Address on Behalf of the Graduates by Suzanne Tamang
Ph.D. Program in Computer Science
June 3, 2014
Good evening everyone. I am honored to speak on behalf of the graduating class of 2014.
I'd first like to thank everyone for being here to celebrate this moment of commencement. Our distinguished guests, Interim President Robinson, Interim Provost and Senior Vice President Lennihan, Honorees Eugene Goodheart, Leonard Lauder, and Jan Vilcek, Graduate Center trustees, Chancellor Milliken, honored guests on the platform from the Graduate Center Foundation, Graduate Center faculty and staff, and my colleagues, the graduating class of 2014.
A special thanks to our families and friends for their love and support, and for taking the time to be with us here today. My partner was the only person in my immediate family that understood why graduate school might take more than two years. For all of you that have supported us, we sincerely appreciate your understanding, kindness, but most of all, patience. All of you have helped us through to the very end, and made our graduate school experiences not only possible, but successful.
I want to thank the Graduate Center for providing incredible learning experiences that went far beyond the academic work in our programs. Groups such as the Doctoral Students’ Council, the New Media Lab, the Graduate Center General Assembly, the Center for the Humanities, and the Macaulay Instructional Technology Fellows program were some of the transdisciplinary influences that shaped my Graduate Center experience.
I am going to take my time today to not only thank everyone that helped us to reach this achievement in our lives, but to reflect on our accomplishments, and a unique institution that has provided high quality scholarship for the benefit of the public for over 150 years.
The City University of New York traces its roots back to the Free Academy, established in Manhattan in 1847 by individuals that declared higher education an important investment in society. If an institution like CUNY did not exist, it's unlikely that I, and many others of us here today, would have a graduate degree.
My mother was the first member in my family to attend college. My father was an immigrant from Dolpo, Nepal. With my twin sisters, just a year older, I was raised entirely without the help of my father, and not very far from the Staten Island side of the Verrazano. The generosity of my grandparents helped to cover what federal aid did not, and allowed all three of us to attend college at once.
Getting to college is one obstacle, finishing is another altogether. Despite the effort of my family, I wasn’t convinced of the value of a degree, and almost gave up on college. Fortunately, I had an epiphany in an English composition class that changed me. It was inspiring faculty and adjuncts at Brooklyn College that helped me to not only recognize a new found love of learning, but motivated me to complete a bachelor’s in science. Also, it was their influence that led me to pursue scholarship, and pedagogy, as a vehicle for change in our world.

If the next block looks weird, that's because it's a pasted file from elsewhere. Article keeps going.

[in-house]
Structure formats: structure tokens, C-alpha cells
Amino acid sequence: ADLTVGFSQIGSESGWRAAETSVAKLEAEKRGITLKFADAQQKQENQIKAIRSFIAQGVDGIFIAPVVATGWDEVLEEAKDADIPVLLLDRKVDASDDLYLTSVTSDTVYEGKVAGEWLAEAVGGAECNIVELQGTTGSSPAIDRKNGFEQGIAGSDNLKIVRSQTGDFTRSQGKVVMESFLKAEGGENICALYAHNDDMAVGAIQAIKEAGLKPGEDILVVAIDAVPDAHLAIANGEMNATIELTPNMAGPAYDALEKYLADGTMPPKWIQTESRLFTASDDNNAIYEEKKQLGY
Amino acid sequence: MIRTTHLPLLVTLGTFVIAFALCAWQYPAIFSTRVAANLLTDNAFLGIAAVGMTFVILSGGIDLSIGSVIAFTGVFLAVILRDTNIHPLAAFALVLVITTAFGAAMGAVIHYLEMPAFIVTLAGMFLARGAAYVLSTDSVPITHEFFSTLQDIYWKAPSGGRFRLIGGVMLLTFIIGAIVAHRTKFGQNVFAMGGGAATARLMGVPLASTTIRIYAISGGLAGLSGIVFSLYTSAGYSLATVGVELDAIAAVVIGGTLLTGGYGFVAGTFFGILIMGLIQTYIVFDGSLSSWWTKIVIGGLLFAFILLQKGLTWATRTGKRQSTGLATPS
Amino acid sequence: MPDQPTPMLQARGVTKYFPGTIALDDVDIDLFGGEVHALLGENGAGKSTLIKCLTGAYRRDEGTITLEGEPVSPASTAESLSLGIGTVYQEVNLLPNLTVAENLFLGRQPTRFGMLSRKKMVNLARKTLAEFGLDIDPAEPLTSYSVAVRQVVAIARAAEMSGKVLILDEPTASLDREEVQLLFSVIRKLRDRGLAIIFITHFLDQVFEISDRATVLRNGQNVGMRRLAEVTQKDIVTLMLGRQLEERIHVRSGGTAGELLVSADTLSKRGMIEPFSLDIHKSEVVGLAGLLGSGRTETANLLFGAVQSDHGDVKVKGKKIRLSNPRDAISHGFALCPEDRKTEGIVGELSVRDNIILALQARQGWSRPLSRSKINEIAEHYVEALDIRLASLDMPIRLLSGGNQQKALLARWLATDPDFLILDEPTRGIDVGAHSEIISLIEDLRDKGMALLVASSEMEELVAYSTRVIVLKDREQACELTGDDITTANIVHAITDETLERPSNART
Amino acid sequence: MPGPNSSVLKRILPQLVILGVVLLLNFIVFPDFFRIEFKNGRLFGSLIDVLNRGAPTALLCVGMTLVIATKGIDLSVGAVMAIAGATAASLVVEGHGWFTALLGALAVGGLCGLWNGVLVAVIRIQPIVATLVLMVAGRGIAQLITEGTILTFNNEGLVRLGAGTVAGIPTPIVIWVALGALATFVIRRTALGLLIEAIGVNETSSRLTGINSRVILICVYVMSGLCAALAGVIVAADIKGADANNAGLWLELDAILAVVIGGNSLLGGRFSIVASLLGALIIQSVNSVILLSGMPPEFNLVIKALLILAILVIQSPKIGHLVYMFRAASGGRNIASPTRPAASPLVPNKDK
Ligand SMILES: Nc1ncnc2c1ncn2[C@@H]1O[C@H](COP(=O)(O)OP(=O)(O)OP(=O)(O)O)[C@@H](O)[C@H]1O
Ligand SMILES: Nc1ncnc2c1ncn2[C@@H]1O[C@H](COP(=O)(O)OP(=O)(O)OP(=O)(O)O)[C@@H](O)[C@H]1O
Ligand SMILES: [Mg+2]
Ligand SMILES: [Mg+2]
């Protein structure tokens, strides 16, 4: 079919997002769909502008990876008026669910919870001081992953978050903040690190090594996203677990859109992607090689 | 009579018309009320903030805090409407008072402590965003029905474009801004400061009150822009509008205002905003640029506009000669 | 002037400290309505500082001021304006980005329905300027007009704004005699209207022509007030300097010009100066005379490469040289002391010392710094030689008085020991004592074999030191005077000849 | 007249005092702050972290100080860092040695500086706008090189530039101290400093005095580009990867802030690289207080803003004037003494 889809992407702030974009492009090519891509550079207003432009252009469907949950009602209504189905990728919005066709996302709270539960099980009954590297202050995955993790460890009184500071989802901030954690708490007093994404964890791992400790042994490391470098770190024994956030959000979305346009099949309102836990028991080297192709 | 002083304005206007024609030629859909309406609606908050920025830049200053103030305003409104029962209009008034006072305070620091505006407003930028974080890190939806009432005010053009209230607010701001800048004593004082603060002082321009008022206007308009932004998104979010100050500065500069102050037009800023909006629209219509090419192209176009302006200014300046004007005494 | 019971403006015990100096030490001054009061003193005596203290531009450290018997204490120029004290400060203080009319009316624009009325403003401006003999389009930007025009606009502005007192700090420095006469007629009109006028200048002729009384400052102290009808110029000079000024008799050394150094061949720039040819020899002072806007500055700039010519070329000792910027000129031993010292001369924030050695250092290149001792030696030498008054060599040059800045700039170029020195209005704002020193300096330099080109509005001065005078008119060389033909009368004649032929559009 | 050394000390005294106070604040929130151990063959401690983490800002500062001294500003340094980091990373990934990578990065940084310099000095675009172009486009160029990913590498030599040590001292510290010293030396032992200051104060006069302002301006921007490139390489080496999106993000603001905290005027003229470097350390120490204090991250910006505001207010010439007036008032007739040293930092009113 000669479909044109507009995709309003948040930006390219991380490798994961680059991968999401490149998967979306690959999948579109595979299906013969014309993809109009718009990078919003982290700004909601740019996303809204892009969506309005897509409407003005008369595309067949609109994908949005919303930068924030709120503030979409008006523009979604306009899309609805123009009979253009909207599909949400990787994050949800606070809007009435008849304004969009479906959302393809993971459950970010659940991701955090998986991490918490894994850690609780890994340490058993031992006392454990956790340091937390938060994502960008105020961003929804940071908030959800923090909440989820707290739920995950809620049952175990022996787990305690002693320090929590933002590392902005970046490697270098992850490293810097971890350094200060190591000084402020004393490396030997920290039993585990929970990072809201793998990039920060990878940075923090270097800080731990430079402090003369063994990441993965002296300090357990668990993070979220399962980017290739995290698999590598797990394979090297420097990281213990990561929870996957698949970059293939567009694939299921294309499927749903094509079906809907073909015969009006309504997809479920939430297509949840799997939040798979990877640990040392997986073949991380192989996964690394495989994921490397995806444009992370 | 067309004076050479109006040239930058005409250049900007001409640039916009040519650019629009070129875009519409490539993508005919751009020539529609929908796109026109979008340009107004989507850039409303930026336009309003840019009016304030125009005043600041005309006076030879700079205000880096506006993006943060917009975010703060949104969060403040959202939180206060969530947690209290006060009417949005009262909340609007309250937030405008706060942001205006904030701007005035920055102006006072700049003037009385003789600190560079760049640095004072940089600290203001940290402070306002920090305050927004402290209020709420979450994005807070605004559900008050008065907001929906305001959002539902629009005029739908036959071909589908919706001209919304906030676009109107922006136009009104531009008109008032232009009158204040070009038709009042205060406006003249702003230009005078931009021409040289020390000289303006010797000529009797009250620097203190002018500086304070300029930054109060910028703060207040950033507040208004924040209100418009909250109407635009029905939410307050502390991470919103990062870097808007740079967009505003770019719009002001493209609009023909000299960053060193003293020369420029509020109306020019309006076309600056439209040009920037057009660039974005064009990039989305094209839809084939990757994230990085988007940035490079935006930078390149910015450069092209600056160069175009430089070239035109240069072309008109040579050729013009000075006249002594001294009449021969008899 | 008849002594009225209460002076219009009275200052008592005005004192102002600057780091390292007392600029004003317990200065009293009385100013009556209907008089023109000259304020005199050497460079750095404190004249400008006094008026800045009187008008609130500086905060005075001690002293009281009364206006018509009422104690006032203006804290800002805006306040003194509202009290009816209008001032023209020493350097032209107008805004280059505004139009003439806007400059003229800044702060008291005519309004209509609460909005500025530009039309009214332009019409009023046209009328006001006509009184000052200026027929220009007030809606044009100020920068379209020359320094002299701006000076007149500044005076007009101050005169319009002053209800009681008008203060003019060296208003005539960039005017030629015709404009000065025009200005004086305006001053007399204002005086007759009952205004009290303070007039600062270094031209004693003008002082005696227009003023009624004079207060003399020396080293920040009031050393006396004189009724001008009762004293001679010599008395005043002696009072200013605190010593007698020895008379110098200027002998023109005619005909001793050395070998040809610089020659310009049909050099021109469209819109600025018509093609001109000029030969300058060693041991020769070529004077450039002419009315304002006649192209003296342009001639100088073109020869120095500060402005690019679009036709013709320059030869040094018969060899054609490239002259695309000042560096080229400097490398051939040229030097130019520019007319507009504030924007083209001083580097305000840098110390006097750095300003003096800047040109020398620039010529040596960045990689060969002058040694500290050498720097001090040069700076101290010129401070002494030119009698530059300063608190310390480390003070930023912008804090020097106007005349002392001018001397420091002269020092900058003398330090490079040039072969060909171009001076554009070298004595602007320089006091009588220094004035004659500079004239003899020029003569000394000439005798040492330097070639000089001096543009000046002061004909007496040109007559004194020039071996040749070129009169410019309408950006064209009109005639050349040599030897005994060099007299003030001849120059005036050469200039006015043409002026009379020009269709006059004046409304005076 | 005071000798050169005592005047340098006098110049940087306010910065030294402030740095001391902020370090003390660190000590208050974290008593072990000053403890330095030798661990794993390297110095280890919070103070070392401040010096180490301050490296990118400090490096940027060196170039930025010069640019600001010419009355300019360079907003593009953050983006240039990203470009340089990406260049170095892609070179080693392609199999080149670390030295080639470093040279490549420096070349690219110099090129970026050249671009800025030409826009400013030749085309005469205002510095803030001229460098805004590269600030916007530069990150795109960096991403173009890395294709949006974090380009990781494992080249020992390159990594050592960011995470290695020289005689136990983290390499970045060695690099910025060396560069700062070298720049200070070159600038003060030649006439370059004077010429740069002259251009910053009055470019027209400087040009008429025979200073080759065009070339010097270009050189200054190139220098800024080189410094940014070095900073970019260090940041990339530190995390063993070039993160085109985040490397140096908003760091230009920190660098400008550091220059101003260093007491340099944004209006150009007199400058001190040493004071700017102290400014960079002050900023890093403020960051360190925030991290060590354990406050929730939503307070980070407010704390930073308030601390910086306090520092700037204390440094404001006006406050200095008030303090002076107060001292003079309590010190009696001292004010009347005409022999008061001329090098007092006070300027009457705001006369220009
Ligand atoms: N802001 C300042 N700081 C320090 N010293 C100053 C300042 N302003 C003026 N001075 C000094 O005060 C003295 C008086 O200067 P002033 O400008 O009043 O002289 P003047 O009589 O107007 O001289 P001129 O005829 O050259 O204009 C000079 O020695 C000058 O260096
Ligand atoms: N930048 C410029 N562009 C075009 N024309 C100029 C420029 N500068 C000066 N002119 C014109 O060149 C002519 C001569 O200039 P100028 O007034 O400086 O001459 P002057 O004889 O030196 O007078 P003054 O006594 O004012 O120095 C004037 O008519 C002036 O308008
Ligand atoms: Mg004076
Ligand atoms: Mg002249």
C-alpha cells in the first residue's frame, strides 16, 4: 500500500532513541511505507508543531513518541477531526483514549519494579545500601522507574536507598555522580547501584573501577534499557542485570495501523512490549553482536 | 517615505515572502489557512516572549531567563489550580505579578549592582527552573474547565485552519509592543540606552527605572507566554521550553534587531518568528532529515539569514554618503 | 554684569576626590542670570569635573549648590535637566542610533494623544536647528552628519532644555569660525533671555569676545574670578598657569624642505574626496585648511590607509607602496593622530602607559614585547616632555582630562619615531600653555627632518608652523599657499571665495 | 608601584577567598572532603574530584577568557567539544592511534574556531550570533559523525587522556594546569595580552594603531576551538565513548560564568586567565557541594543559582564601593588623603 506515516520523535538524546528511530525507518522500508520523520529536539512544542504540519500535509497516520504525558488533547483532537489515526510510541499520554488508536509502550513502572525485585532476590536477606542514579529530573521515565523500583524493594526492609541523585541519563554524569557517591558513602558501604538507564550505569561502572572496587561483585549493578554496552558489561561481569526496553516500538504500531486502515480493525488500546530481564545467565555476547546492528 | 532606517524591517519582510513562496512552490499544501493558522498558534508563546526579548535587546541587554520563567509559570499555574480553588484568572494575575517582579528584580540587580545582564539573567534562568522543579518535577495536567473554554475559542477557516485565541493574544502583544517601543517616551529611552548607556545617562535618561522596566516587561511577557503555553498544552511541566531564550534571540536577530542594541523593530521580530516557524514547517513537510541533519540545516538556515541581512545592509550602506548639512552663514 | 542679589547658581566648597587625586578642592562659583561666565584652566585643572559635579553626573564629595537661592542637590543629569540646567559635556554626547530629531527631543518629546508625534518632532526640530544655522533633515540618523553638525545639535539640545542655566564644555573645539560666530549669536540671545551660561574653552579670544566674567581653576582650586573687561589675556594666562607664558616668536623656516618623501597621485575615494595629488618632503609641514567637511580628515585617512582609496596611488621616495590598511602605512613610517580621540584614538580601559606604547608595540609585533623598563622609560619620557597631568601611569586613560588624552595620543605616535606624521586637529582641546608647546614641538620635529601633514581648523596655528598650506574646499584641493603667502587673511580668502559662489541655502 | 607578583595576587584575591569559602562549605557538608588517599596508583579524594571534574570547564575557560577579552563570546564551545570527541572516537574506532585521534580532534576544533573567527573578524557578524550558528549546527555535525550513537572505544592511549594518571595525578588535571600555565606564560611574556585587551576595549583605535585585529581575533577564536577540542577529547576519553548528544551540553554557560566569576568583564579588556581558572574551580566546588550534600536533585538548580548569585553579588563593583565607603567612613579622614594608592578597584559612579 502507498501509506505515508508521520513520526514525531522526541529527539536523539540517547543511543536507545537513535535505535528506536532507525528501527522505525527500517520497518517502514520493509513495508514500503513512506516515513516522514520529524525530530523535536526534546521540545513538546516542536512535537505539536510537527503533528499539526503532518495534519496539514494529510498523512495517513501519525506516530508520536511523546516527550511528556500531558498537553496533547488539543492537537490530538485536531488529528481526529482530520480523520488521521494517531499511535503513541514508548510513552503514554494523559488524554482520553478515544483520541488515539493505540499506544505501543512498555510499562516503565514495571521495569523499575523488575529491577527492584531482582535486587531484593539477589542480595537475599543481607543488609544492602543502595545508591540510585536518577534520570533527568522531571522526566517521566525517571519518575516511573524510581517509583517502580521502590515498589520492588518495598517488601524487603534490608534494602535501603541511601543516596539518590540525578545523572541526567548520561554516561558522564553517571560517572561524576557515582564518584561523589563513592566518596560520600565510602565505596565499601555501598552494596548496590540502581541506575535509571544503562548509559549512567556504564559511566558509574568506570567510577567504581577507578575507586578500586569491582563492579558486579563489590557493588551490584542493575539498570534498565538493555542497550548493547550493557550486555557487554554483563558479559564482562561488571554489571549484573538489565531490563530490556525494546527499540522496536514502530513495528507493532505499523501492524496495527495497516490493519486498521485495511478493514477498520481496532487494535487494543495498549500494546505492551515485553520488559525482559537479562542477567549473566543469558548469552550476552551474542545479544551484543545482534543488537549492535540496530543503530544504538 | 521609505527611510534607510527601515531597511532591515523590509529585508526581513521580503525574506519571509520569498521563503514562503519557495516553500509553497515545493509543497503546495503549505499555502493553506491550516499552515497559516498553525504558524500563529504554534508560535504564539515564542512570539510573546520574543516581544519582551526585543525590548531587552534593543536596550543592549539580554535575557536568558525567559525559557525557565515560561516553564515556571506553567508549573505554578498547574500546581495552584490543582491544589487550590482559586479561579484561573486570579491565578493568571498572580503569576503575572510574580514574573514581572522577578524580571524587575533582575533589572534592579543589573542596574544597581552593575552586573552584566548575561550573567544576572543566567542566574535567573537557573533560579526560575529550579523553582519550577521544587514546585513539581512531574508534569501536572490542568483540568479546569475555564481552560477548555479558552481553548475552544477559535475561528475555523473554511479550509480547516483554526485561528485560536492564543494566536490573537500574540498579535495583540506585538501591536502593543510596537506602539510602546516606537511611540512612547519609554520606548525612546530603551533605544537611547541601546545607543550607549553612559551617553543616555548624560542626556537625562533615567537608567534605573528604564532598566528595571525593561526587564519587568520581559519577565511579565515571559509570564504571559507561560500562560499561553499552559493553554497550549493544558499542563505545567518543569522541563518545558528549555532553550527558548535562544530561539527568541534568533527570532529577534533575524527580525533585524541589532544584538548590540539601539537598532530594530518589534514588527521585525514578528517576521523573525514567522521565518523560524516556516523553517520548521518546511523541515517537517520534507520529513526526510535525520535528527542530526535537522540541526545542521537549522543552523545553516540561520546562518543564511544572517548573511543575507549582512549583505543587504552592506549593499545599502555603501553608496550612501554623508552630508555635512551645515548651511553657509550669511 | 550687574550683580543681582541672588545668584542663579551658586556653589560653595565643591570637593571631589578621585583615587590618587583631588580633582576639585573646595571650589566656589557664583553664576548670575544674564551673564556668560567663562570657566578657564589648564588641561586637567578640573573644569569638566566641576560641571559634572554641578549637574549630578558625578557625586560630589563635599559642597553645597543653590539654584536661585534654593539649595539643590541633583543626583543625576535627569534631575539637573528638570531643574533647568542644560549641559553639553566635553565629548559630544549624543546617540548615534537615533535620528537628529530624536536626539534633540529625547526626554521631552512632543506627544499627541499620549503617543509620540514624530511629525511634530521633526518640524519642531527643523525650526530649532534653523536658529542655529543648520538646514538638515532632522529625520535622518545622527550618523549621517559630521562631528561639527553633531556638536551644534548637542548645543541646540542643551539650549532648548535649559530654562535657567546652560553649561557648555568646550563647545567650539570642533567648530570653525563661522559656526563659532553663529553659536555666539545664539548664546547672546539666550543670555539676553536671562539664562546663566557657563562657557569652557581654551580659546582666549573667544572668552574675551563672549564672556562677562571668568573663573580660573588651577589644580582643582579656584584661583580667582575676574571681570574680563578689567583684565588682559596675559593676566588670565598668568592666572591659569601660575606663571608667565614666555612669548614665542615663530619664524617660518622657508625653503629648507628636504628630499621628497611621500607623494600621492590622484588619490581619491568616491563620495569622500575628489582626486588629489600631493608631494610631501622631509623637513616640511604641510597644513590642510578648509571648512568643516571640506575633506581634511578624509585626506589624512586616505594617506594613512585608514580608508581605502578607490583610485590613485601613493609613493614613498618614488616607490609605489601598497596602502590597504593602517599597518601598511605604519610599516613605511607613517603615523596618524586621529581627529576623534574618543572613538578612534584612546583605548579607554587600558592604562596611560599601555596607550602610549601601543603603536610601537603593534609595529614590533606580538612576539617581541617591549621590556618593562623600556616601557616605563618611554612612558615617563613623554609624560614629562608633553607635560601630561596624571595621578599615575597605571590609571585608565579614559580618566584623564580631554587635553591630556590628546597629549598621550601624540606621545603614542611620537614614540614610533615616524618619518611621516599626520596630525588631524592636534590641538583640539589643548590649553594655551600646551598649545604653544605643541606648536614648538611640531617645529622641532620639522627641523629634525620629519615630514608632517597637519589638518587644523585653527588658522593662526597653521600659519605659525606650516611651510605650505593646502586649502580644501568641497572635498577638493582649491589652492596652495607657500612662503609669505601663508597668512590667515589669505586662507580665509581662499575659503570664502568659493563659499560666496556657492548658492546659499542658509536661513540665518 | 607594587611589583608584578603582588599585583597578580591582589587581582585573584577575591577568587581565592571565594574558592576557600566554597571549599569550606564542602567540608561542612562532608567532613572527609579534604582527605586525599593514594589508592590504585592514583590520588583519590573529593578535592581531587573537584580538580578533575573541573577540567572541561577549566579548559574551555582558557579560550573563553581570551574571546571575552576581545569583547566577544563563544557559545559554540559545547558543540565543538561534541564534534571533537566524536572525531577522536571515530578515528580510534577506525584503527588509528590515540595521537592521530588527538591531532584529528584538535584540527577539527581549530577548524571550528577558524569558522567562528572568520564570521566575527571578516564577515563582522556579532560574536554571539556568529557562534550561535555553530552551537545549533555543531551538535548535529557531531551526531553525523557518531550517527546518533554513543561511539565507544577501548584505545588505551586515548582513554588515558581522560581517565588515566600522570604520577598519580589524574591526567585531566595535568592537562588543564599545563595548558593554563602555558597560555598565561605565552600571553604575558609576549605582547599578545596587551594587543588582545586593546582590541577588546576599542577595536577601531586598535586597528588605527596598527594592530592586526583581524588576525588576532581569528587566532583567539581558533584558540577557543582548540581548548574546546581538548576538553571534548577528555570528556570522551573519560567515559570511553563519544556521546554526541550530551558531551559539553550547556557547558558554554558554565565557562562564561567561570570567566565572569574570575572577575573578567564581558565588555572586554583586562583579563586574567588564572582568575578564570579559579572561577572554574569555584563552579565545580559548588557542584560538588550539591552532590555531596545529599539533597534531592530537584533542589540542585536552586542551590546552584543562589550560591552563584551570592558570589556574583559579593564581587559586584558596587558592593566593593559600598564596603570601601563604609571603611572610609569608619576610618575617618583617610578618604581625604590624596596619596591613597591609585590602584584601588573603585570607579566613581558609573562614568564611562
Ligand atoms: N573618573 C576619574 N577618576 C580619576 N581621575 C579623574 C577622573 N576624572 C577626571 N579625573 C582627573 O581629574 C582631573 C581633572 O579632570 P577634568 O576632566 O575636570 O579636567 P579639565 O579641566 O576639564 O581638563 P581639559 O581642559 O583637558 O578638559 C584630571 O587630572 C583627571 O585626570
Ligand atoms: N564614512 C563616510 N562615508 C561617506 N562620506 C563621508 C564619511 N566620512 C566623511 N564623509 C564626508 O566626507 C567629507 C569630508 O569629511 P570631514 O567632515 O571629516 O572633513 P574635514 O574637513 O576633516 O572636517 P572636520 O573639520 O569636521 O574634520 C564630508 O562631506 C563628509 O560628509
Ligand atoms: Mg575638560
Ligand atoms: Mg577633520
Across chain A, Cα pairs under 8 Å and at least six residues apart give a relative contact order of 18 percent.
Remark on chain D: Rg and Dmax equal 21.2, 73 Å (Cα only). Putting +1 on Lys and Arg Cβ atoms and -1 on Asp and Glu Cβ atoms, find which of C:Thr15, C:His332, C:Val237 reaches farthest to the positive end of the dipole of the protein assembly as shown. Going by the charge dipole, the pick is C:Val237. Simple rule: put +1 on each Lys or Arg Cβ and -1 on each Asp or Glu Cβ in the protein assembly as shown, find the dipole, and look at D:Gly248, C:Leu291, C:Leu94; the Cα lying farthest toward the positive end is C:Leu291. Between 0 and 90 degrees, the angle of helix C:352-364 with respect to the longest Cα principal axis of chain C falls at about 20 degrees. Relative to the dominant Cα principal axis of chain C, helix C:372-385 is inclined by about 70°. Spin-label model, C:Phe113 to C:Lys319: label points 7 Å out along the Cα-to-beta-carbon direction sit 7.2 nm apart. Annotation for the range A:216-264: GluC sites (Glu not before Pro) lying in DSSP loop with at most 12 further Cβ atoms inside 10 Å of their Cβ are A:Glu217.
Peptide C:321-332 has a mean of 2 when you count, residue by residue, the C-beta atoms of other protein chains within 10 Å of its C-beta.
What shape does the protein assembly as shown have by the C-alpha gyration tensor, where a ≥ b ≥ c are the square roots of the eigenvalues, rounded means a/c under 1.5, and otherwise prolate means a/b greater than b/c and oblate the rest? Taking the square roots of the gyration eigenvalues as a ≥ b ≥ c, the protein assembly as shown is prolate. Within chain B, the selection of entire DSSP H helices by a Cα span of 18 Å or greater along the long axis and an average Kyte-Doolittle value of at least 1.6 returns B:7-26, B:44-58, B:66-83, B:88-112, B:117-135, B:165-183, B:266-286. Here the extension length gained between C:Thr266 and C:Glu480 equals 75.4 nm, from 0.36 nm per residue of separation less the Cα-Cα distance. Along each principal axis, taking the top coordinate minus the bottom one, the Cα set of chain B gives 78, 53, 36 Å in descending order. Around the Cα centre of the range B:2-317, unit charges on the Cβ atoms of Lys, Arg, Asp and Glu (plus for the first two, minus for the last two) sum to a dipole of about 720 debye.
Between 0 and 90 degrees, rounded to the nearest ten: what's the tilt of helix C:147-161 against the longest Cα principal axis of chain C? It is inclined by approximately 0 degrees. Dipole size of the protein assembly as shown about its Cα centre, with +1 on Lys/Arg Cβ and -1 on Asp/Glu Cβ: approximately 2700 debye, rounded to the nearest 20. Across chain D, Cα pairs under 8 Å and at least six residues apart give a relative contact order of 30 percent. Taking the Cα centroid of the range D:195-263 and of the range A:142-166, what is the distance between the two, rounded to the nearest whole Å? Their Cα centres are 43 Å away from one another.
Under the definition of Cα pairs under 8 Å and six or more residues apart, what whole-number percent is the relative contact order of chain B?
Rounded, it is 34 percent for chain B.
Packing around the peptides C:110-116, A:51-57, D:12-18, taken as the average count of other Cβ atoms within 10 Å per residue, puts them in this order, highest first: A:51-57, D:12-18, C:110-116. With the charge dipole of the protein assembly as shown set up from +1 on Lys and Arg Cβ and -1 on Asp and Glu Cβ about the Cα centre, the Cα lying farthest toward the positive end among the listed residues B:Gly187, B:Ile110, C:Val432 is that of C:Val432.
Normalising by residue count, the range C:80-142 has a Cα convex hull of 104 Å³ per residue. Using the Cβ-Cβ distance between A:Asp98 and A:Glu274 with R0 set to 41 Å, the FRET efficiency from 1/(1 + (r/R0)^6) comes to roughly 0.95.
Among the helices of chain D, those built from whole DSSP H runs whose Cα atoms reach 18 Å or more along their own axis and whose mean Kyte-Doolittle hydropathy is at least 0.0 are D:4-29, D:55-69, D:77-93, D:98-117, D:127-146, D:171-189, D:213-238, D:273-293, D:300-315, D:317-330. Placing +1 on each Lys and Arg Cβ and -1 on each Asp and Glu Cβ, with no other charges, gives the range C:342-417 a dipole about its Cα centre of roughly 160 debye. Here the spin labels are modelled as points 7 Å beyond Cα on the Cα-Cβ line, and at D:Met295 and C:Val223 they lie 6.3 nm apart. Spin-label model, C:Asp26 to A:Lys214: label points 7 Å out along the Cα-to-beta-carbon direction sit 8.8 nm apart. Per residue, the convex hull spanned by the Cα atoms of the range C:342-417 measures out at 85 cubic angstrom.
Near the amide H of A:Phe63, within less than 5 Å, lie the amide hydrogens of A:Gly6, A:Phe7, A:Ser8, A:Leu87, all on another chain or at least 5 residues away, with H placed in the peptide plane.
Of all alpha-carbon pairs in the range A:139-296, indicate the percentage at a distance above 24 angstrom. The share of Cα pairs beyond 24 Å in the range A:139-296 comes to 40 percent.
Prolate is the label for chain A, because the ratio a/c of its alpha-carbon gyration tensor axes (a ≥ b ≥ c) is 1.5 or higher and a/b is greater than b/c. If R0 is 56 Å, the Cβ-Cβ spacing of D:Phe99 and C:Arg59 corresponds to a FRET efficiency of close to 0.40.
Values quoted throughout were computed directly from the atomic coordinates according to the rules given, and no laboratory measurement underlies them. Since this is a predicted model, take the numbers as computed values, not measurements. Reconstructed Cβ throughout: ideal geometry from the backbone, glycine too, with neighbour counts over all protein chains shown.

CUNY exists to ensure that higher education does not become a right of privilege, and is instead a human right. It exists for every day people like us. Although the corporations responsible for the financial crisis are again thriving in our city, the People of New York, whom it belongs to, and which build their lives here, are still struggling to recover. Income and social disparities in New York City are growing at alarming rates. Many CUNY students that are still struggling to survive the economic realities of the recession, are also faced with rising tuition prices at the time when access to higher education can benefit them the most.
The principle of affordable public higher education that has connected generations of immigrants and their children, and those not born into wealth, to the ladder to social, economic and educational success — is being threatened in New York City, San Francisco, and other urban centers across the U.S. As recipients of an exceptional public education, it is now our responsibility, our duty, to support others in their struggle for affordable higher education.
We all have a unique path that brought us to the Graduate Center, and carried us through to this moment of commencement. We've met amazing mentors whom we will be forever indebted to, and who have challenged us to go past our limits, and to create new ones.
We have been trained in the methods, and have demonstrated the abilities of learned scholars. How we chose to impact our world, our passion, our purpose, these definitions are ultimately up to us, and regardless of our discipline, we can work collectively as scholars, as teachers, as engaged citizens, to make our world more social and just. We must remember that we not only have gained life-long friends and colleagues during our time at the Graduate Center, but we are now part of a learning community that can help to keep our work honest, our motivations altruistic, and our hearts and minds open.
Change will happen. That may be the only certainly I can say for us. Today not only signals the start of a new and exciting path in our lives, where we draw on our experiences at the Graduate Center, but the end of over 500 incredible journeys that belong the graduates in this room, and those that could not be here today. We must believe that if we make courageous choices, if we maintain integrity in our work, and if we aren't afraid to fail, that we will have an impact, as a result of what we do. I wish the best for all of us, wherever change may take us.
Thank you all.